A curated list of projects ...
I fell in love with the idea of creating online courses with a "no-code" or "low-code" notation, where everyone can contribute either content, functionality, or design. You simply start to write down your content in Markdown with some minor extensions
- Code-snippets can be made executable
- Different types of quizzes can be defined, with no code or configuration
- A course can be presented in various way, a YouTube-like screencast, a presentation, or an interactive book...
- Data in tables is visualized automatically
- Extendable, with its own module-system
Checkout some of the following ressources:
This was my second attempt of creating a programming/querying language. Initally it was used as a high-level declarative language to query simulations and robotic world models, that was implemented in Python. But the core of the language was then extended to also support functional, object-oriented, and procedural aspects. Actually, I tried to integrate everything that I liked from other programming languages or stuff that I missed into it.
For example, the code below, shows a fully functional program, that can be used to solve the towers-of-Hanoi problem. The
mov function defines, how to execute one move in that game, while the code below, simply defines a search, how to get from one tower configuration to the goal configuration.
mov = PROC(Tower, frm, to) "A simple tower move function that returns a new tower configuration: mov([[3,2,1], , ], 0, 1) -> [[3,2], , ] In case of an unalowed move a None value gets returned: mov([[3,2], , ], 0, 1) -> None " : ( IF( $Tower == None, EXIT None); IF( not $Tower[$frm], EXIT None); IF( $Tower[$to], IF( $Tower[$frm][-1] > $Tower[$to][-1], EXIT None)); $Tower[$to]@+( $Tower[$frm][-1] ); $Tower[$frm]@pop(); $Tower; ); # initial tower configuration tower = [[3,2,1], , ]; # allowed moves [from, to] moves = [[0,1], [0,2], [1,0], [1,2], [2,0], [2,1]]; # goal configuration finish = [, , [3,2,1]]; SELECT $tower FROM m:moves WHERE finish == mov($tower, $m, $m) START WITH $tower = tower CONNECT BY NO CYCLE $tower@mov($m, $m) STOP WITH $tower == None OR $step$ > 6 AS LIST;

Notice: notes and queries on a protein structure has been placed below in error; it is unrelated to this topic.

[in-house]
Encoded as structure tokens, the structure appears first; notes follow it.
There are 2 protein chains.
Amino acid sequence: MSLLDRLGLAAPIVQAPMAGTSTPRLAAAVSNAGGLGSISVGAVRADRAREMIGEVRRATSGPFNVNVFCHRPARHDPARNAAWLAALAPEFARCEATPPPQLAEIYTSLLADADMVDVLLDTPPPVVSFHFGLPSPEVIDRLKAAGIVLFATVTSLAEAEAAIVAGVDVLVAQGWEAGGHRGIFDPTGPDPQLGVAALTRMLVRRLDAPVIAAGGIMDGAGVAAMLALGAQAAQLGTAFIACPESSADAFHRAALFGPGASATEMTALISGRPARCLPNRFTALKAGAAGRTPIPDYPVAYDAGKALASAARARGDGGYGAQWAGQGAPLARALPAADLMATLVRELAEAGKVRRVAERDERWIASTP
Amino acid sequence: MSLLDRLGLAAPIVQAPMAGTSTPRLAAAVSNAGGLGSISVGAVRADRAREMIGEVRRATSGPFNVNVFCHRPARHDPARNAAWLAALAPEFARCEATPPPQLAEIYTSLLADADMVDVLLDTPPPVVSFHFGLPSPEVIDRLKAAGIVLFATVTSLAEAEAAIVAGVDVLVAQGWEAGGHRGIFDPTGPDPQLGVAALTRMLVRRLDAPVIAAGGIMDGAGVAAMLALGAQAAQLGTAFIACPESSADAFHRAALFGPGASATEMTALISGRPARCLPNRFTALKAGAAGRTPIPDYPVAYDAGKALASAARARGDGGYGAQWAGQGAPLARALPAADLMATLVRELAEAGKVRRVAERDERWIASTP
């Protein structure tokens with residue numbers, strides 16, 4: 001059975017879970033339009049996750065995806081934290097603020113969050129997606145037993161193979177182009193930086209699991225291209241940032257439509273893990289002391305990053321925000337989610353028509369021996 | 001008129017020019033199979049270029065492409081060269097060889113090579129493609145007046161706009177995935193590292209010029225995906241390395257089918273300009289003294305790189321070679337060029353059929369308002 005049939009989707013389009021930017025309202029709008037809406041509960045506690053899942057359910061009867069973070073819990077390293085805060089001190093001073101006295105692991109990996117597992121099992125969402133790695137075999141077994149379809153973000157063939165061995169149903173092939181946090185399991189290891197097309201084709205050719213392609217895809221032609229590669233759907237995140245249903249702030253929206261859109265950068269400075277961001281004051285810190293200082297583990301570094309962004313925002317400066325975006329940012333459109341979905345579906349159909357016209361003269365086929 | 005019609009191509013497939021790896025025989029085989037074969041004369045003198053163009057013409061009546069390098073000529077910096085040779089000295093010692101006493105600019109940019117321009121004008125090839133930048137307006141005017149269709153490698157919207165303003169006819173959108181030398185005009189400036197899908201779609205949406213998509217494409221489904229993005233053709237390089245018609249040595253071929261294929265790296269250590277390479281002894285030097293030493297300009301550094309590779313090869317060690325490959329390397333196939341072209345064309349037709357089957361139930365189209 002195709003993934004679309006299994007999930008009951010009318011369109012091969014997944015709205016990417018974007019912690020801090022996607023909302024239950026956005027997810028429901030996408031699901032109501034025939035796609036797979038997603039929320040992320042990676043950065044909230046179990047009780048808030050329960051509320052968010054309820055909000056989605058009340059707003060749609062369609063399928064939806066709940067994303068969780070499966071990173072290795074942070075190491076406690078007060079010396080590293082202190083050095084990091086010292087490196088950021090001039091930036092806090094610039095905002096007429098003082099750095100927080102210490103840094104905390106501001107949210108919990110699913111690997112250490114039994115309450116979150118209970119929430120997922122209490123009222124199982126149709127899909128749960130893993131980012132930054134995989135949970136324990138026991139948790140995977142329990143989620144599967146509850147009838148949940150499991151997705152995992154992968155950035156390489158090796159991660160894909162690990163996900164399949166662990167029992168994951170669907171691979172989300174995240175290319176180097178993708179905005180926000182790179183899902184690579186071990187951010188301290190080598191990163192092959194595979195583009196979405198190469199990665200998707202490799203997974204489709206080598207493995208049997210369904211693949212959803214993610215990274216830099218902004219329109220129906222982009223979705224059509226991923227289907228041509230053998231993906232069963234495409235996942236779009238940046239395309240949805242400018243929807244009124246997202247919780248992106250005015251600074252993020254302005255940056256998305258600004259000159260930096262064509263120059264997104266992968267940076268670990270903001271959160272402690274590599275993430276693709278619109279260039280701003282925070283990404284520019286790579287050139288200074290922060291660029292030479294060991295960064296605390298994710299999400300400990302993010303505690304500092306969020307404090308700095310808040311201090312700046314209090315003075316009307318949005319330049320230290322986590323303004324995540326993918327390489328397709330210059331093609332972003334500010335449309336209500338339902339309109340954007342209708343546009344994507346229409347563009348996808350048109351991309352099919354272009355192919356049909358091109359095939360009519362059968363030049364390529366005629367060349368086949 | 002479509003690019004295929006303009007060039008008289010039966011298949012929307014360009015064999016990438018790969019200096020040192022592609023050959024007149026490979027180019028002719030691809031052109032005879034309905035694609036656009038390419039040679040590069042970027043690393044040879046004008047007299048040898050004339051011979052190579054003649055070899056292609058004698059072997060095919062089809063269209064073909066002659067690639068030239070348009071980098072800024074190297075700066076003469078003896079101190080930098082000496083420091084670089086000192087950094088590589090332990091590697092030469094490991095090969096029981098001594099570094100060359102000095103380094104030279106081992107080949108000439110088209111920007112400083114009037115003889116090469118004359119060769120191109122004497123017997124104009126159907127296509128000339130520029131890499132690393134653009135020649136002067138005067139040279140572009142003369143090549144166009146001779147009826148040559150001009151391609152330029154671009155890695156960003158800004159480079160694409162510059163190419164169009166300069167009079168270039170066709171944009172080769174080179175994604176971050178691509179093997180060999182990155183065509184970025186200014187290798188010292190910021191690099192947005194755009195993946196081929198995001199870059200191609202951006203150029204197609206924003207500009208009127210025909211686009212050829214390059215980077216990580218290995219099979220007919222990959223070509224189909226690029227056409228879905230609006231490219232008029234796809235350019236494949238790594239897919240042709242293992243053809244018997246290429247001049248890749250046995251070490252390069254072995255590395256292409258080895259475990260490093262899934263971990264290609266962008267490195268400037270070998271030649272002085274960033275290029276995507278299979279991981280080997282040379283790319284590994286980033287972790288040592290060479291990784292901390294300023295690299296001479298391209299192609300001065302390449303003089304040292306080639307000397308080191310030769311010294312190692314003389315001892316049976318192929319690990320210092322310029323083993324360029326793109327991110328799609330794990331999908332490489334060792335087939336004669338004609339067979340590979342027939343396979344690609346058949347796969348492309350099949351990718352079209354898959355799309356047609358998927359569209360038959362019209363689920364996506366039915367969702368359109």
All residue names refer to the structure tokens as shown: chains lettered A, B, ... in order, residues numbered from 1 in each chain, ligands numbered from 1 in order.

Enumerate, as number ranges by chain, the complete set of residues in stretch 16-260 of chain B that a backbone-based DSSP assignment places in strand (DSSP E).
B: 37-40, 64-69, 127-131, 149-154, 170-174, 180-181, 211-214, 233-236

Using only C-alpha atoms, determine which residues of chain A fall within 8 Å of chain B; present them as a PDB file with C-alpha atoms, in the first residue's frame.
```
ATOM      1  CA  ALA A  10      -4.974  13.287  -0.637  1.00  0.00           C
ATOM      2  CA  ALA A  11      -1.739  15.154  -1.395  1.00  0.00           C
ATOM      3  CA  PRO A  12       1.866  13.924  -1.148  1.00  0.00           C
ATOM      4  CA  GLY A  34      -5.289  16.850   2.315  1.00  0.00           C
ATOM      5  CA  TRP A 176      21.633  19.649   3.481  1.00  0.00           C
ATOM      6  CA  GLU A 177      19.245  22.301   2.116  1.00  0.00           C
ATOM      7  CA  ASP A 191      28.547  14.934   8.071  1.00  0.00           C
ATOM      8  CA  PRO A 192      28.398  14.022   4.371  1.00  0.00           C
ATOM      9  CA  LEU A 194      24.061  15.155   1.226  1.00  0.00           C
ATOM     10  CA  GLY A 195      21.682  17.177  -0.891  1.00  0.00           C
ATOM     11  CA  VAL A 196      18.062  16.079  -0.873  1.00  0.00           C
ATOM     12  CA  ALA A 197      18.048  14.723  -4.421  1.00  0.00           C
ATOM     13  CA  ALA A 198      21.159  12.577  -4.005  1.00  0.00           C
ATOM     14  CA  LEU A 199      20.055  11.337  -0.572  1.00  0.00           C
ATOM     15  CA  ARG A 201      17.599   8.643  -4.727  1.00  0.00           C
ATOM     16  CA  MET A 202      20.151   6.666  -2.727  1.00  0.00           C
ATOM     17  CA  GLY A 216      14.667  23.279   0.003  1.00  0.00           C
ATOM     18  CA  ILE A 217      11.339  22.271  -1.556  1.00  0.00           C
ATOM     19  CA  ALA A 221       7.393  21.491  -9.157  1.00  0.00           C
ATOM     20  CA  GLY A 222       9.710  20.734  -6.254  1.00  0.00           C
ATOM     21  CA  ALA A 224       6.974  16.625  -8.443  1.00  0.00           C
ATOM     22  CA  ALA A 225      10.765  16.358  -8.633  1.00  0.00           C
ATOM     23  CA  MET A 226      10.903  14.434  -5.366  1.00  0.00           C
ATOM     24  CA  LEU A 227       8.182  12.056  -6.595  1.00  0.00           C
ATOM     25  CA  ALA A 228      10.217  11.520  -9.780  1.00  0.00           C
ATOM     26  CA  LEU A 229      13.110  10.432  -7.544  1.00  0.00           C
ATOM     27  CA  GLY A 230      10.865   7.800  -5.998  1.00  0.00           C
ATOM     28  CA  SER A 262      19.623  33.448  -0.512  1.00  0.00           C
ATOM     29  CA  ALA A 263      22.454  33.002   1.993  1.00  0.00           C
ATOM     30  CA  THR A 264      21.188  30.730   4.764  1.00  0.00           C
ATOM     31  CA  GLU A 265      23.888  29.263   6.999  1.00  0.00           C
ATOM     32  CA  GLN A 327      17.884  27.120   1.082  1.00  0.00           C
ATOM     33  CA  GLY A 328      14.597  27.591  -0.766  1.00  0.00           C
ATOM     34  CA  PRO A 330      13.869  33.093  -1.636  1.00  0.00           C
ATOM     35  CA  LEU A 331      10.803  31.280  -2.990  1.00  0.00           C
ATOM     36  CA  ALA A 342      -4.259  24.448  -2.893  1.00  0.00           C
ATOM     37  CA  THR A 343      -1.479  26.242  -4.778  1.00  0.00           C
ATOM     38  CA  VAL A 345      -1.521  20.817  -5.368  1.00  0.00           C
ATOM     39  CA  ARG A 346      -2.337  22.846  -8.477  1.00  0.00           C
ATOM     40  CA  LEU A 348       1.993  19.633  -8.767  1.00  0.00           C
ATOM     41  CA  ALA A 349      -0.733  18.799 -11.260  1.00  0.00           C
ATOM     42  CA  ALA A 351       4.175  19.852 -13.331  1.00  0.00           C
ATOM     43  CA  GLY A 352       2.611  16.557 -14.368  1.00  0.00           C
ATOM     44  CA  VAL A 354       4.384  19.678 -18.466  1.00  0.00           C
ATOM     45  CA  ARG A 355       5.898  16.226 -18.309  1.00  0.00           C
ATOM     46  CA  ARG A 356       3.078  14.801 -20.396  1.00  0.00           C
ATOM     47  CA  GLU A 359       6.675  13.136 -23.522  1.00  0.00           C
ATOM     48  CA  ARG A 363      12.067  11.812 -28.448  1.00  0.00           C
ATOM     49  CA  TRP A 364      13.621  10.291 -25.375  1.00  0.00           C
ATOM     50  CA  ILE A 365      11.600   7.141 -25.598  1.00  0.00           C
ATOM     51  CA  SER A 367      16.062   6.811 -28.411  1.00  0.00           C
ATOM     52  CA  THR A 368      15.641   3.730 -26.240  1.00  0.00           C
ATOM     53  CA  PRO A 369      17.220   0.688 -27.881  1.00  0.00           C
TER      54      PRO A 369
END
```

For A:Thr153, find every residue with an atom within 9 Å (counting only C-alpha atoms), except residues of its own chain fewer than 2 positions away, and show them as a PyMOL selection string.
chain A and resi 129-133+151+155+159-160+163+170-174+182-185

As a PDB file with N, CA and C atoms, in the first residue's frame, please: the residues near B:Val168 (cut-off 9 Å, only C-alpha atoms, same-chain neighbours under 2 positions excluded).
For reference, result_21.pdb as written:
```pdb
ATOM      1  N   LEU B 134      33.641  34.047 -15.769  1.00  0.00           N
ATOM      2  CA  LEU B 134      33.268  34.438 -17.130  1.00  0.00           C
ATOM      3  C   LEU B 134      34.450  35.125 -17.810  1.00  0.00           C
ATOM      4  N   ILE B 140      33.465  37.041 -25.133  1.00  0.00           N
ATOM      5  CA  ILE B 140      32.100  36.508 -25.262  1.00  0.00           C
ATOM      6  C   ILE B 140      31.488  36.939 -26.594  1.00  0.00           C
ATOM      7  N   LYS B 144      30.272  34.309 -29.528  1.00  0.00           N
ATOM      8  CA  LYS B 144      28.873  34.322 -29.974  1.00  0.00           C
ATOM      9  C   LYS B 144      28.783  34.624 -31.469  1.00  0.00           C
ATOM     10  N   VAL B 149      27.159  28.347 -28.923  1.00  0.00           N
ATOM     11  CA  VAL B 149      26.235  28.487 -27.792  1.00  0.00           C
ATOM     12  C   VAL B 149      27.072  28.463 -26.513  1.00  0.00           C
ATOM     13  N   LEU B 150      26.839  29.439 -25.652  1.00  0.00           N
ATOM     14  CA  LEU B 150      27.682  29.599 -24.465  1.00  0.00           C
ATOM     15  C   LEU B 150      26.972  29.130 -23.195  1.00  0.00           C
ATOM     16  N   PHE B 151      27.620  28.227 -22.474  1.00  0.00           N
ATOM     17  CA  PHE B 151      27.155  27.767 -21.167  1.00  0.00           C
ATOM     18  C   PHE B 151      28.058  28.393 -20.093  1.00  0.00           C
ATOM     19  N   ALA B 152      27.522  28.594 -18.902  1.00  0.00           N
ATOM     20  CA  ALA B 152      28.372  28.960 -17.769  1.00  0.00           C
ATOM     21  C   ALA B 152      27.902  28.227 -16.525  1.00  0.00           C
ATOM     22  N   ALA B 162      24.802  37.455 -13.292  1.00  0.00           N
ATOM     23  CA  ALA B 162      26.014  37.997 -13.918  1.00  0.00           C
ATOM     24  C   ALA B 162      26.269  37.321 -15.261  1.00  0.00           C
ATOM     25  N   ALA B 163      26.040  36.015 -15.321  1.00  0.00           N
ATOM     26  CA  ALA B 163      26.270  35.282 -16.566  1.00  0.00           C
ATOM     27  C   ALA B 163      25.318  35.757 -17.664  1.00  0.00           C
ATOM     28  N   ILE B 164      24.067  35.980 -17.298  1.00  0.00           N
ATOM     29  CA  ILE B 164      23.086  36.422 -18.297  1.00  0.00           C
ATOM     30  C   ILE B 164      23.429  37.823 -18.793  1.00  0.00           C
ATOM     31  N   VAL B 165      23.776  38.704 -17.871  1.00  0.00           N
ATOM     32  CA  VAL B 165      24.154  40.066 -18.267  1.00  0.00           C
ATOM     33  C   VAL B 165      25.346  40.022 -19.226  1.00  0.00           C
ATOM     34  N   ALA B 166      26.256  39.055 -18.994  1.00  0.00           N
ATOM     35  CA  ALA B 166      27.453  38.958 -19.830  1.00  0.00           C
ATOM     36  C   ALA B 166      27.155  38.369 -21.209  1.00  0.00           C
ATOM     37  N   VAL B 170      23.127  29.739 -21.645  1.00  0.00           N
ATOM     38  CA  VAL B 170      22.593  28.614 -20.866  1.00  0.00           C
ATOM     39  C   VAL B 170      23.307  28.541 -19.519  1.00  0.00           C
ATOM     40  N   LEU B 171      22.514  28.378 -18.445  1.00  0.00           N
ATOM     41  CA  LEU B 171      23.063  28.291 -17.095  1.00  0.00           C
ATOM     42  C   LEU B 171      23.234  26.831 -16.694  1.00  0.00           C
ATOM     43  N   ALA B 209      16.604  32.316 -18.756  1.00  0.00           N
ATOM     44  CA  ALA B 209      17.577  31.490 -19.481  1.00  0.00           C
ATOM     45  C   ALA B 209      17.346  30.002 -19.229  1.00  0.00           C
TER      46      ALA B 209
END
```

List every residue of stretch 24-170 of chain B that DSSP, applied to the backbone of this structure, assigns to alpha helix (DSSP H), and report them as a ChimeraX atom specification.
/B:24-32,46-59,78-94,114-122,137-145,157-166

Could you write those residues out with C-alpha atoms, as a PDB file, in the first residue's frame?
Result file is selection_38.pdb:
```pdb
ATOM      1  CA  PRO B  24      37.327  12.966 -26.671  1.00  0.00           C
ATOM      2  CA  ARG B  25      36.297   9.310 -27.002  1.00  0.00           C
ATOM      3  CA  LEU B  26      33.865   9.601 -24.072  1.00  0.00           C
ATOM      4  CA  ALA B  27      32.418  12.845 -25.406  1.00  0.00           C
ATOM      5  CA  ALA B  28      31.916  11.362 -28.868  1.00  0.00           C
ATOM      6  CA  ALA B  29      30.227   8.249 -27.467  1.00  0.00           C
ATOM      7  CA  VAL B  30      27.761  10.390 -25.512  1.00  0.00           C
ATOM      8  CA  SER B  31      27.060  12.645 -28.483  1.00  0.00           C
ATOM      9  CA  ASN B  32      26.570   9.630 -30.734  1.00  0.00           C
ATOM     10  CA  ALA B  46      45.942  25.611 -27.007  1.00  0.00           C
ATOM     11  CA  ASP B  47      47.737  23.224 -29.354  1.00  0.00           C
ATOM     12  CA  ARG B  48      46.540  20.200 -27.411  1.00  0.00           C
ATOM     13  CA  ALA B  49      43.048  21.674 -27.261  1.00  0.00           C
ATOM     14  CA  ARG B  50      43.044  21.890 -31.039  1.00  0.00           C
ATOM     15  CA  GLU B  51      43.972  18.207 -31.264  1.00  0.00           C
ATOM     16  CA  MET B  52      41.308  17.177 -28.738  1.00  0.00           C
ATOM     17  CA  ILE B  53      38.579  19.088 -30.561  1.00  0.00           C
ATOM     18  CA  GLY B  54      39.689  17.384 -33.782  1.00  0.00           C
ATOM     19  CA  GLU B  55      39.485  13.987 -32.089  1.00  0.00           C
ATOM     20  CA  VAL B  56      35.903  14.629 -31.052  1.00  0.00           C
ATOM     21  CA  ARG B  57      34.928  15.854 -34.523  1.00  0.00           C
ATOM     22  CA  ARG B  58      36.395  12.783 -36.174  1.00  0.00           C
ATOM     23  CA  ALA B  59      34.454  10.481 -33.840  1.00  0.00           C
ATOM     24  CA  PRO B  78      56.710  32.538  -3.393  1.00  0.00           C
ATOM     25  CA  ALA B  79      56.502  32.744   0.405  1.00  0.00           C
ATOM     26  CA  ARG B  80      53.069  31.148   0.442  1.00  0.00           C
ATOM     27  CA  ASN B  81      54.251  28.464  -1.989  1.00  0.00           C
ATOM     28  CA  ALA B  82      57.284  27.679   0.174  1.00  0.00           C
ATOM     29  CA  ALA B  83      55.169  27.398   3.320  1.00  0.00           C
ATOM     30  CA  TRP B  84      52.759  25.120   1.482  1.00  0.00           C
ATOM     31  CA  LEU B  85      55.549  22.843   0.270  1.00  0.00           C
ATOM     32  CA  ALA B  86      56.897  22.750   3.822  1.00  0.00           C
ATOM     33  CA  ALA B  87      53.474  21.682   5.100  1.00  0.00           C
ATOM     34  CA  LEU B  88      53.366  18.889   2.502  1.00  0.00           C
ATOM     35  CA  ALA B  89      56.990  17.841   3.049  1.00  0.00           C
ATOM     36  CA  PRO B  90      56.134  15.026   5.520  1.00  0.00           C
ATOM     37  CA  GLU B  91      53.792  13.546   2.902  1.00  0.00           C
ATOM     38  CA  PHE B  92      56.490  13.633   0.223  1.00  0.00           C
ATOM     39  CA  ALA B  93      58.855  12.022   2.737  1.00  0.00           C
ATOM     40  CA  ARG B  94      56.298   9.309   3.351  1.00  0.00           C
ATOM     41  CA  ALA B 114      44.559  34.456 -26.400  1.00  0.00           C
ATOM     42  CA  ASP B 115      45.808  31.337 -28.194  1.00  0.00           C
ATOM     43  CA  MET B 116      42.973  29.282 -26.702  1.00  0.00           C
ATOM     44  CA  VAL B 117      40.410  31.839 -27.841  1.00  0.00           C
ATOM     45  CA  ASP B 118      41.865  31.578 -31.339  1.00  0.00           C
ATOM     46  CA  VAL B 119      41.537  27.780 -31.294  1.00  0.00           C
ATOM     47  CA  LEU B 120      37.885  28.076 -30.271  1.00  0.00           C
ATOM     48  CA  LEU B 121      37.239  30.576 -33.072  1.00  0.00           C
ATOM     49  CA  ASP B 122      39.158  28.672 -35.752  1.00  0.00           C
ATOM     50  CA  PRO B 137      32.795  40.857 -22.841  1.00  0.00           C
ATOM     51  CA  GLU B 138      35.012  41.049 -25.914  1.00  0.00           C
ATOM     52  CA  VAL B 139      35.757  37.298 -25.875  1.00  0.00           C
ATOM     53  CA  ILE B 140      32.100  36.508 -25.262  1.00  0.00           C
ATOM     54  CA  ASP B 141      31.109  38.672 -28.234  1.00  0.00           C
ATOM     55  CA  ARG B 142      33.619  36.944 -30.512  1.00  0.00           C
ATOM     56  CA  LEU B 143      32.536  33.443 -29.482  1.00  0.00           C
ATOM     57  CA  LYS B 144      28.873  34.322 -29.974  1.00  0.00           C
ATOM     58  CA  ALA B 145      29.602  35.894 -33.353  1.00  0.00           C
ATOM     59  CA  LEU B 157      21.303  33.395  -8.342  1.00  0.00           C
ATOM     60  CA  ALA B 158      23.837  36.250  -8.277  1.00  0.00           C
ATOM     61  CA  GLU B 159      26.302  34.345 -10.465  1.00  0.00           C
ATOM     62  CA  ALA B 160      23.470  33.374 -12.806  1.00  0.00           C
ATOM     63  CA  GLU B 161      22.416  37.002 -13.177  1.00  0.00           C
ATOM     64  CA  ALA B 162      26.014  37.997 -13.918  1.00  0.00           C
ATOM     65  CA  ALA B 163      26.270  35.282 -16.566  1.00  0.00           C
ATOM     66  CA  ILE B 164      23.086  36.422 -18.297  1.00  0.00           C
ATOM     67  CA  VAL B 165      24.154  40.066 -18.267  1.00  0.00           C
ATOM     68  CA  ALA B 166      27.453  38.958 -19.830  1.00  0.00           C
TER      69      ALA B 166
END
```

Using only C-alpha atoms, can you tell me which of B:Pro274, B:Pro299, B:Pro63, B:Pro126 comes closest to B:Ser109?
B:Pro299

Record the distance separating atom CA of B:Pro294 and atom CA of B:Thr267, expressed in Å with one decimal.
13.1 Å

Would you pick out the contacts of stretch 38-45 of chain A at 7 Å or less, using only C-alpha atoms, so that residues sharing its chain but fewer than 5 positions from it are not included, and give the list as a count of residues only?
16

The core of the language was later ported to a minimalistic virtual machine (VM) implemented in C that could also be executed at tiny microcontrollers. Jab, the example above, can be compiled into bytecode, send via a serial interaface to an Arduino-Uno, which sends the result back. The goal was actually to have a simple query language, that could access all of a devices infrastructure/sensors.
- The bytecode-compiler, written in Clojure, which can also be used as a repl (additional information about the language are included): https://github.com/andre-dietrich/selectscriptC
- The virtual machine implemented in C with an Arduino port: https://github.com/andre-dietrich/SandhillSkipper/
- A dynamic type system also implemented in C and it can also be used for other projects:
- Some earlier Python implementations:
This stands for GPS-Satellite-Finder, a Python-tool for for calculating realistic GPS accuracy (dilution of precision) with the help of 3D models, gathered from the community based openstreetmap.org. Under the hood it uses ODE (OpenDynamicsEngine) to handle the 3D landscape an also to calculate which points at what time are visible to what satellite.
cassandra_ros provides an interface for ROS to the Cassandra database system. It can be used to store any types of ROS-messages in column families (topic-containers). ROS messages are automatically translated and stored in various formats in Cassandra. Furthermore it enables to fully explore, analyse, and replay the messages by using CQL (CassandraQueryLanguage).
This package provides an simple interface of standard ros-functionalities for the programming language R. It might be useful to make the R capabilities for statistical analyses and visualization also usable for the robotic community. In contrast to other language implementations, such as rospy, rosjava, etc. this is not a pure R implementation, it is a mixture of pure R, SWIG generated functions, and system commands. This combination was required to overcome some limitations of R, such as single threaded, lacking support for sockets and handling of raw streams. Nevertheless, this package can be used to define and use typical ROS publishers and subscribers in R, messages are automatically and online generated from the definition files, and it integrates the possibility to read and therefore analyse bag-files in R.
Playing around with the OpenDynamicsEngine (ODE) I found it a bit confusing and difficult to cope with both, the physical simulation as well as with the visualization. All relevant data is already included in the physical part, so why cope with both?
This is a simple wraper for Python, that uses pyvtk to visualize a simulation, just pass the “world” and the “space” to ODE_Visualization and let it handle the rest …
This repository contains a bunch of plugins for the OpenRave robotics simulation environment, that I used extensively some years ago.
- Filters: These can be used to generate various types of maps 2D/3D or to check the sensor coverage for certain areas.
- Virtual Sensors: Realistic distance sensors, which use 3D shapes to simulate various different sensor beams.
- A Tracer: Simply a this to follow the movement of certain trajectories visually.